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Companies face more complex carbon-emissions reporting

By Jessica Tasman-Jones

This article is brought to you by Agenda, an FT Specialist publication that focuses on corporate boards

Companies will soon be required to report on carbon emissions from their products and supply chains.

This year, the International Sustainability Standards Board, the accounting standards body, voted unanimously for Scope 3 disclosure in climate accounting standards. UK companies are already required to report on Scope 1 emissions relating to a company’s operations, and on Scope 2, relating to a company’s energy consumption.

Scope 3 reporting is considered more difficult because it requires companies to collect data from third parties, says Stephanie Maier, global head of sustainable and impact investment at GAM Investments. This includes emissions from the products and services they purchase, transportation and distribution and the use of sold products.

Just 10 per cent of companies provide comprehensive greenhouse-gas emissions reporting, according to the Carbon Disclosure Project, a not-for-profit organisation. But Scope 3 emissions account for 70 per cent of many companies’ carbon footprints, Maier says.

The number of third parties in the chain, the complexity involved in calculating the emissions and the lack of standardisation when it comes to data are among companies’ concerns.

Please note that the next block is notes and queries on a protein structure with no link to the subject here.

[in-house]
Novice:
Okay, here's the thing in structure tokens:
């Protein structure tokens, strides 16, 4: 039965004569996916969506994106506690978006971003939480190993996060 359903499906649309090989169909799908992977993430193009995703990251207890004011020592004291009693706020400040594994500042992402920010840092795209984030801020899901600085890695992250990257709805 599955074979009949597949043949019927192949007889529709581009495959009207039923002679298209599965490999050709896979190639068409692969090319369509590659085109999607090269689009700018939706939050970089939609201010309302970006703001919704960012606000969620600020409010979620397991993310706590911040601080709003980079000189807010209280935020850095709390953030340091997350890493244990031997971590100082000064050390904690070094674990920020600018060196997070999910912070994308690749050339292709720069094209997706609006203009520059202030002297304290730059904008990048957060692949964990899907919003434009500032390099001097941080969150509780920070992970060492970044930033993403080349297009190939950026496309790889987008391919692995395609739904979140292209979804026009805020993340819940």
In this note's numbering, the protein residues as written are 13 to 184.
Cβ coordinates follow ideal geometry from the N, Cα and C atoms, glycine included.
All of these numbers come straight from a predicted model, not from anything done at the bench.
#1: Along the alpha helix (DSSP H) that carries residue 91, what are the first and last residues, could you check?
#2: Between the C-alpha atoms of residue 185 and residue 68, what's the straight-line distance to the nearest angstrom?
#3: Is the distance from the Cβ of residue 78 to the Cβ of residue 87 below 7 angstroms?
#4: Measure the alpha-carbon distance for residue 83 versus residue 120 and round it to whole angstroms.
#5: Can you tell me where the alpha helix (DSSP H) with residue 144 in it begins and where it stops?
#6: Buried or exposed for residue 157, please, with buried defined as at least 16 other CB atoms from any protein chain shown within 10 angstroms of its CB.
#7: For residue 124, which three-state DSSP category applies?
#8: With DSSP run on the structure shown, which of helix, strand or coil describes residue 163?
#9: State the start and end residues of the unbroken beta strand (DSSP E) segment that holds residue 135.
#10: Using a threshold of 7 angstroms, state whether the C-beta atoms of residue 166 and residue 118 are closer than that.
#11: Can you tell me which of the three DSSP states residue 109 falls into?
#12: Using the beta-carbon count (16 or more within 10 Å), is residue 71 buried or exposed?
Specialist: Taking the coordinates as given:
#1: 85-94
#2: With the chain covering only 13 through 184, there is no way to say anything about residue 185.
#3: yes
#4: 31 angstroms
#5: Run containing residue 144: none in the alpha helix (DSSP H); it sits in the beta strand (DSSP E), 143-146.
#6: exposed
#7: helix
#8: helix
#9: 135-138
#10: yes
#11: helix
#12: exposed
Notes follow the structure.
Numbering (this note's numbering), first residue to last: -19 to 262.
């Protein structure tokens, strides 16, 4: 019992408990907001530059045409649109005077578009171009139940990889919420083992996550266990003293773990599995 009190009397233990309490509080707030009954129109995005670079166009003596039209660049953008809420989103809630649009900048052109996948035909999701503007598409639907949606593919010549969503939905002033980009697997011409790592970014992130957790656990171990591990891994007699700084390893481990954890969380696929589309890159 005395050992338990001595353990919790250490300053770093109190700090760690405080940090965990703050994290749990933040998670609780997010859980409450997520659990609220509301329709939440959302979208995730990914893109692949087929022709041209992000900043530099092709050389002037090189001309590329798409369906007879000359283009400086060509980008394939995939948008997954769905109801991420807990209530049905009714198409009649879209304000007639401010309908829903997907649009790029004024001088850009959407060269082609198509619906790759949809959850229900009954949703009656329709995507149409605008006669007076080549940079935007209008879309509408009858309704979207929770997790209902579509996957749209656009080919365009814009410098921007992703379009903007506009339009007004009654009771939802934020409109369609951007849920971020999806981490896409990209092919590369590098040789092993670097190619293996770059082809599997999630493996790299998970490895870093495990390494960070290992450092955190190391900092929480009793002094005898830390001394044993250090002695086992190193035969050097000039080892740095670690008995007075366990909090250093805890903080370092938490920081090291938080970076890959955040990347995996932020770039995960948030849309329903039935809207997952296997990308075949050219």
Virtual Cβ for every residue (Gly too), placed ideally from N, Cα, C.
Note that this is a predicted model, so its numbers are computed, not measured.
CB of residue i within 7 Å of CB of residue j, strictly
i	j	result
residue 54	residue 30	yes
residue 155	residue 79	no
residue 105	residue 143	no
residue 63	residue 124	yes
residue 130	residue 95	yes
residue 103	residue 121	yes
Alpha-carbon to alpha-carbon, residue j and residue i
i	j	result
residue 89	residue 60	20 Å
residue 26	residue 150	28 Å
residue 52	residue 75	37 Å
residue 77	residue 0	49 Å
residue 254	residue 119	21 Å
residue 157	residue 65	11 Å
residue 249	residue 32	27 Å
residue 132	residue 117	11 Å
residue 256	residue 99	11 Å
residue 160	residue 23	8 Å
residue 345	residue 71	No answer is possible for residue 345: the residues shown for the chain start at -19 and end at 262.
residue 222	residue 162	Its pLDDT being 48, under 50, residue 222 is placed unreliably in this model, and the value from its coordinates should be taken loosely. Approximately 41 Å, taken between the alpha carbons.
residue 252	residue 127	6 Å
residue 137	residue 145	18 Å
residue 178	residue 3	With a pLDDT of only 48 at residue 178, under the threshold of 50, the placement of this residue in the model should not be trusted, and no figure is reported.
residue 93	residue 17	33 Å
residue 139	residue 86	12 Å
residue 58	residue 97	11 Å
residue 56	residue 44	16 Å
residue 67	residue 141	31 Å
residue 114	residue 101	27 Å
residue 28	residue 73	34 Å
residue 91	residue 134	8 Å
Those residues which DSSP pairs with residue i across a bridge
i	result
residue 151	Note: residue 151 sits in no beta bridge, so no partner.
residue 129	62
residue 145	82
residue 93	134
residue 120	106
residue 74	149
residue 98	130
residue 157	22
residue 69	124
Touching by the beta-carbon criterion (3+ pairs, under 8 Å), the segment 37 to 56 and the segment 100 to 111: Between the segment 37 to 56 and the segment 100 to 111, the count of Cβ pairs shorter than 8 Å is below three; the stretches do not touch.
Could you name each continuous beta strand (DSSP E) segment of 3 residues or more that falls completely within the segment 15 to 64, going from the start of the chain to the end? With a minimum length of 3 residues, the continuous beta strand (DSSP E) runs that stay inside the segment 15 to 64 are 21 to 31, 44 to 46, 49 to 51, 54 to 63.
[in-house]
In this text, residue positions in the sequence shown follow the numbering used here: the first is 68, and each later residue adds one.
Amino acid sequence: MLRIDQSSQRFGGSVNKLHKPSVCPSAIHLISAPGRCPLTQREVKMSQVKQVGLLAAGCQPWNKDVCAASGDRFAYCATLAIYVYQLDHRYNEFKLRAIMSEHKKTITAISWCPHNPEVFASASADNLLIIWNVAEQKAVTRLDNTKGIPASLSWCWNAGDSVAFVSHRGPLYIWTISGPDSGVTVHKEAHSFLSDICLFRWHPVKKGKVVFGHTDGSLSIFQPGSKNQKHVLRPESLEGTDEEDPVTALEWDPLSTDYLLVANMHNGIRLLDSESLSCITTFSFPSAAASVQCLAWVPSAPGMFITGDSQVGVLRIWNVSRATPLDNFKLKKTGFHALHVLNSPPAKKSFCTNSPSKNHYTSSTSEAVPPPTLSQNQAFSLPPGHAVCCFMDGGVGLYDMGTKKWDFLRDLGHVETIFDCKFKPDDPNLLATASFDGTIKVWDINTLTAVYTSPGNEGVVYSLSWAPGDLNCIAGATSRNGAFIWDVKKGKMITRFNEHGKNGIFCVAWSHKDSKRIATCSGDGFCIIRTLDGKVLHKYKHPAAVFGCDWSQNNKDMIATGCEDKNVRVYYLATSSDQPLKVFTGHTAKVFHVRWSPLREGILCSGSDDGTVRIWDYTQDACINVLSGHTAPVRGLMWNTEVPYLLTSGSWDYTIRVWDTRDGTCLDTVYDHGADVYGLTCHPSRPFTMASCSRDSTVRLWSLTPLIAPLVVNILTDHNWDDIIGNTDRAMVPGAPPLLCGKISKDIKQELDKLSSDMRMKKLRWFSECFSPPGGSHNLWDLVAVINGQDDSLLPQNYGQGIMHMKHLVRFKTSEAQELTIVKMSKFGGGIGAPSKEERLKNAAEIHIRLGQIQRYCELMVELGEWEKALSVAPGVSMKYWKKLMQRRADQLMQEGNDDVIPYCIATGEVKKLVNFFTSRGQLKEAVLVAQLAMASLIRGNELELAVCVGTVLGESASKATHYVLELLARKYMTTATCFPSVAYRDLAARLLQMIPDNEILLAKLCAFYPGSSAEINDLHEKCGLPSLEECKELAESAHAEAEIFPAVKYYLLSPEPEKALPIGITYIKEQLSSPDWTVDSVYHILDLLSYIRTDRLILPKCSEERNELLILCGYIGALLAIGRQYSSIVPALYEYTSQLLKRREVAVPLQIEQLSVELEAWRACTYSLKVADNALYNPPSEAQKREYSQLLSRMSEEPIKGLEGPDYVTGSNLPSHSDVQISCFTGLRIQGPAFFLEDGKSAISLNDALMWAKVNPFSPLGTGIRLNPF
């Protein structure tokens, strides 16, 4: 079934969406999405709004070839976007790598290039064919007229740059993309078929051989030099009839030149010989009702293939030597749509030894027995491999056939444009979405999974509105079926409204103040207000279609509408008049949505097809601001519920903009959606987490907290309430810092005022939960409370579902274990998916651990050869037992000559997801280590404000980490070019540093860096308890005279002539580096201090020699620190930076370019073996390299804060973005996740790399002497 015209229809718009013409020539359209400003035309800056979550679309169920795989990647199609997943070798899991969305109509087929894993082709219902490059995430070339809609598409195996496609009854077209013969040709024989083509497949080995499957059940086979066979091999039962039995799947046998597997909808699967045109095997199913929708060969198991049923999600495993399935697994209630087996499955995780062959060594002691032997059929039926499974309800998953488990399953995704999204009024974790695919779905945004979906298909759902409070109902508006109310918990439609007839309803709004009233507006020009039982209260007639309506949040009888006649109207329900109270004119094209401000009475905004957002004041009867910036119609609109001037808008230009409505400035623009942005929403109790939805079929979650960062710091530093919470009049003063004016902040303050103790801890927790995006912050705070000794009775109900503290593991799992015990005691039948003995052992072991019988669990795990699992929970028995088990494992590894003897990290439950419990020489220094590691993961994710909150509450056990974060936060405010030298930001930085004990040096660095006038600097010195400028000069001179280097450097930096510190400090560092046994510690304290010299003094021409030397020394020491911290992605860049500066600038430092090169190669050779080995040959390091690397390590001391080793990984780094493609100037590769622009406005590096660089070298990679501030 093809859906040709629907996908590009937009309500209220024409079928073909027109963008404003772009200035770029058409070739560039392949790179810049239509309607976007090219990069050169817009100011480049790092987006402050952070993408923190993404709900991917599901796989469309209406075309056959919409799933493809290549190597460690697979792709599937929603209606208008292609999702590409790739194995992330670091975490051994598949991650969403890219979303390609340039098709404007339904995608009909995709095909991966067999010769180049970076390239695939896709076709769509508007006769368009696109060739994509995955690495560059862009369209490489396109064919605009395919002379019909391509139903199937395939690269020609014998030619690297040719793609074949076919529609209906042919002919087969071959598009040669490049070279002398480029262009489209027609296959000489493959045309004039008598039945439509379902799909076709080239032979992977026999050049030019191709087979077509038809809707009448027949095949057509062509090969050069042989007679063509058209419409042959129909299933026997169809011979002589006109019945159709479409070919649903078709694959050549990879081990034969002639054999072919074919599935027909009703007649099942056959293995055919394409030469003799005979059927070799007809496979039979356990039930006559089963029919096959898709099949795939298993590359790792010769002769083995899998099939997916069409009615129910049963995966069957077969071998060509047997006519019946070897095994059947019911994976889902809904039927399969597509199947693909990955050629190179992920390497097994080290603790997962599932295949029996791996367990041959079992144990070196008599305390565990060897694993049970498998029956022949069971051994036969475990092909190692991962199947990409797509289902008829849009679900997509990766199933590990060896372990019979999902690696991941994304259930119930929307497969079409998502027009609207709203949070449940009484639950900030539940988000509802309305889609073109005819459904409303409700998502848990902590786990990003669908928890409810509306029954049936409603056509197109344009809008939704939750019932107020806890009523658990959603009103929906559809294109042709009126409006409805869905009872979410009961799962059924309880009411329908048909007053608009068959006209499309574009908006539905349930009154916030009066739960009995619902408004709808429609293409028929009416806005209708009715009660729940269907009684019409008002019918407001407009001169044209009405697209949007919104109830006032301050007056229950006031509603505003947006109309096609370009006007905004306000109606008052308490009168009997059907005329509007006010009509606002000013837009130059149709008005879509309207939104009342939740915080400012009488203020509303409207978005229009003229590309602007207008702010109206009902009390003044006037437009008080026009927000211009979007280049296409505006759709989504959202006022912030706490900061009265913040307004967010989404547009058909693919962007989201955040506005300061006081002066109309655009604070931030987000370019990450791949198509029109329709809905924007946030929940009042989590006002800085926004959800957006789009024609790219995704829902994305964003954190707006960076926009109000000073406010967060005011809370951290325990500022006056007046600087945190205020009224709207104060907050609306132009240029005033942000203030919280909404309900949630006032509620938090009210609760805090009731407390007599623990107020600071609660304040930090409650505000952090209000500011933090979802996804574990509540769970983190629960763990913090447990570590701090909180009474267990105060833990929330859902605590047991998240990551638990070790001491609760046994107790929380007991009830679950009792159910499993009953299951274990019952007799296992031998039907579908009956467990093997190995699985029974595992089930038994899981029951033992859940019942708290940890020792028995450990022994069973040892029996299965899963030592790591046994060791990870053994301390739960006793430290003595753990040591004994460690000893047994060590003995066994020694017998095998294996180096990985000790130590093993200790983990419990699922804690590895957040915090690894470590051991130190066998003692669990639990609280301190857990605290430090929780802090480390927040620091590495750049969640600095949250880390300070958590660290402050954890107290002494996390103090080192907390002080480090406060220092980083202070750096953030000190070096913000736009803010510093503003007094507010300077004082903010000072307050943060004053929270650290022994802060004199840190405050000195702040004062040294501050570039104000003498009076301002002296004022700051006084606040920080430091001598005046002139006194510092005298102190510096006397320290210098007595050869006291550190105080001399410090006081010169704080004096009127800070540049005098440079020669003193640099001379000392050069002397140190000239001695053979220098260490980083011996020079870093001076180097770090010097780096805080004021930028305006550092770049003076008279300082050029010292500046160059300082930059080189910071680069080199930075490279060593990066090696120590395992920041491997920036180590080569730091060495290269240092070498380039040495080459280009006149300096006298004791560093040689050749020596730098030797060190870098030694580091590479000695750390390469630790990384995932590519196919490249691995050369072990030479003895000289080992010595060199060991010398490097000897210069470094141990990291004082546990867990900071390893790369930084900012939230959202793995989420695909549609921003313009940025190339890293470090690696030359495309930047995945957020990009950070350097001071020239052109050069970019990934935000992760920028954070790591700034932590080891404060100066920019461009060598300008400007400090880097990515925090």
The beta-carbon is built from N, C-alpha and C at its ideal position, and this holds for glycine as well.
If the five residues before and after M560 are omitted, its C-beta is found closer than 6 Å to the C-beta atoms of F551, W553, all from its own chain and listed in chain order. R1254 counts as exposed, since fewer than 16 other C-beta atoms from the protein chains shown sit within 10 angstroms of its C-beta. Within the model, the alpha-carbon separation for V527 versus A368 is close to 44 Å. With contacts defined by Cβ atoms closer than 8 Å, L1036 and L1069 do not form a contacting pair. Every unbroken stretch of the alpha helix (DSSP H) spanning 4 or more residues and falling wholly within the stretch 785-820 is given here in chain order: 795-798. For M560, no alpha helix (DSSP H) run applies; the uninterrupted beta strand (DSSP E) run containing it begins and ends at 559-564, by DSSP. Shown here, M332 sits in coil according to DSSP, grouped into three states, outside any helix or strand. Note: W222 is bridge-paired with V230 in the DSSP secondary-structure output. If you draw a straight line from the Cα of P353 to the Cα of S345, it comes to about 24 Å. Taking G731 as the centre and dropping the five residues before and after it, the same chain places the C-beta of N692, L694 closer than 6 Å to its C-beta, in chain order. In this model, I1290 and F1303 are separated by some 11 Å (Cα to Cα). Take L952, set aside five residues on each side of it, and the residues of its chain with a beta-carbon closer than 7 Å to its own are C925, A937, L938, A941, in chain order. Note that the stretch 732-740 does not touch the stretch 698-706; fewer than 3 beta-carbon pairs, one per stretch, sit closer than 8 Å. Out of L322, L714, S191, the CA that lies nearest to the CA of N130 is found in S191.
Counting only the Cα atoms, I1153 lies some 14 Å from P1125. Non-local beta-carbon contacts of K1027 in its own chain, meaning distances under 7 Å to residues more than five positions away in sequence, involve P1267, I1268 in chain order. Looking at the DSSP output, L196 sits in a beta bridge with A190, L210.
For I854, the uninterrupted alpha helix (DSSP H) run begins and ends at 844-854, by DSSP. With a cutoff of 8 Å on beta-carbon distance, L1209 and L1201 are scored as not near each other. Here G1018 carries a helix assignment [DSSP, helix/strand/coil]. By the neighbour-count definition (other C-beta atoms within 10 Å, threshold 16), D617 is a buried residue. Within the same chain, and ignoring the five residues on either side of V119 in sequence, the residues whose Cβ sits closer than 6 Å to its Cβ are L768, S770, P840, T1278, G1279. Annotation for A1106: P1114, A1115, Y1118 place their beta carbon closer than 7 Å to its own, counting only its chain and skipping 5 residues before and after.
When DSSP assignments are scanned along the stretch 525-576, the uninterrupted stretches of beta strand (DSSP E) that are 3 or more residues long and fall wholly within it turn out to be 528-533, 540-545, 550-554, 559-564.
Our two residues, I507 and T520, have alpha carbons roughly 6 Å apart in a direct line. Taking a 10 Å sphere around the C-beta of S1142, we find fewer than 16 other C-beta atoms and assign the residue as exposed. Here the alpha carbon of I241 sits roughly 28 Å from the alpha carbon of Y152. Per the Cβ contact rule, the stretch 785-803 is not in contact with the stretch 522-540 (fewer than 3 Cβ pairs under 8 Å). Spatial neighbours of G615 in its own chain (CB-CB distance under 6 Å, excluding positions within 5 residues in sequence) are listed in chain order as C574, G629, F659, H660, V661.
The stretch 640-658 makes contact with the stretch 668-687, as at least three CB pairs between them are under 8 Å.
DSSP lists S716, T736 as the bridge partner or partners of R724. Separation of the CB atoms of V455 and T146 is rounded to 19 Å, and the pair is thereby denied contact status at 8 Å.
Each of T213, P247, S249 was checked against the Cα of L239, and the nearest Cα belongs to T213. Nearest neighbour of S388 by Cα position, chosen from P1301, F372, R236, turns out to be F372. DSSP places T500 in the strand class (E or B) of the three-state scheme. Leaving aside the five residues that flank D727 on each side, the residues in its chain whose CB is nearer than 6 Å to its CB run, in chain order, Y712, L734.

Nancy Mahon, senior vice president of sustainability at the Estée Lauder Companies, a US conglomerate, told the recent FT Moral Money Americas summit that the company had made progress on measuring Scope 3 data.

She added, however: “We are finding that a lot of the data as currently measured, including the quality or intensity level, is not as great as we would like it to be.”

The ISSB will provide details next year on how it plans to support companies.

Boards should ask management what the company is doing to prepare for the changes, and about the effect of new regulations on the business, says Maura Hodge, ESG audit leader at KPMG, the professional services firm.

The ISSB is the “global baseline” of climate standards, says Hodge. Regulators worldwide develop their jurisdictional requirements from its lead, she says.

The Securities and Exchange Commission, European Union and Financial Conduct Authority are working on climate-change disclosure regulation that overlaps with the ISSB’s reporting requirements.

Boards should first measure their Scope 3 emissions and understand the extent of them. They should then commit to targets to reduce those emissions over time, says Maria Lettini, executive director of the FAIRR Initiative, an investor network concerned with ESG risks in the food sector.

Scope 3 reporting will require companies to collect data across many internal and external sources, says Ben Murray, Accenture’s sustainability services lead in the UK and Ireland.

“Investment in improving data quality and frequency of reporting will also be crucial to ensuring firms have beefed up capabilities,” he says.

Working with peers who share supply chains will be helpful, he says. Technology such as cloud-based reporting platforms will help companies make decisions on how to reduce carbon footprints and costs, he says.

This article is based on a story written for Agenda by Lindsay Frost

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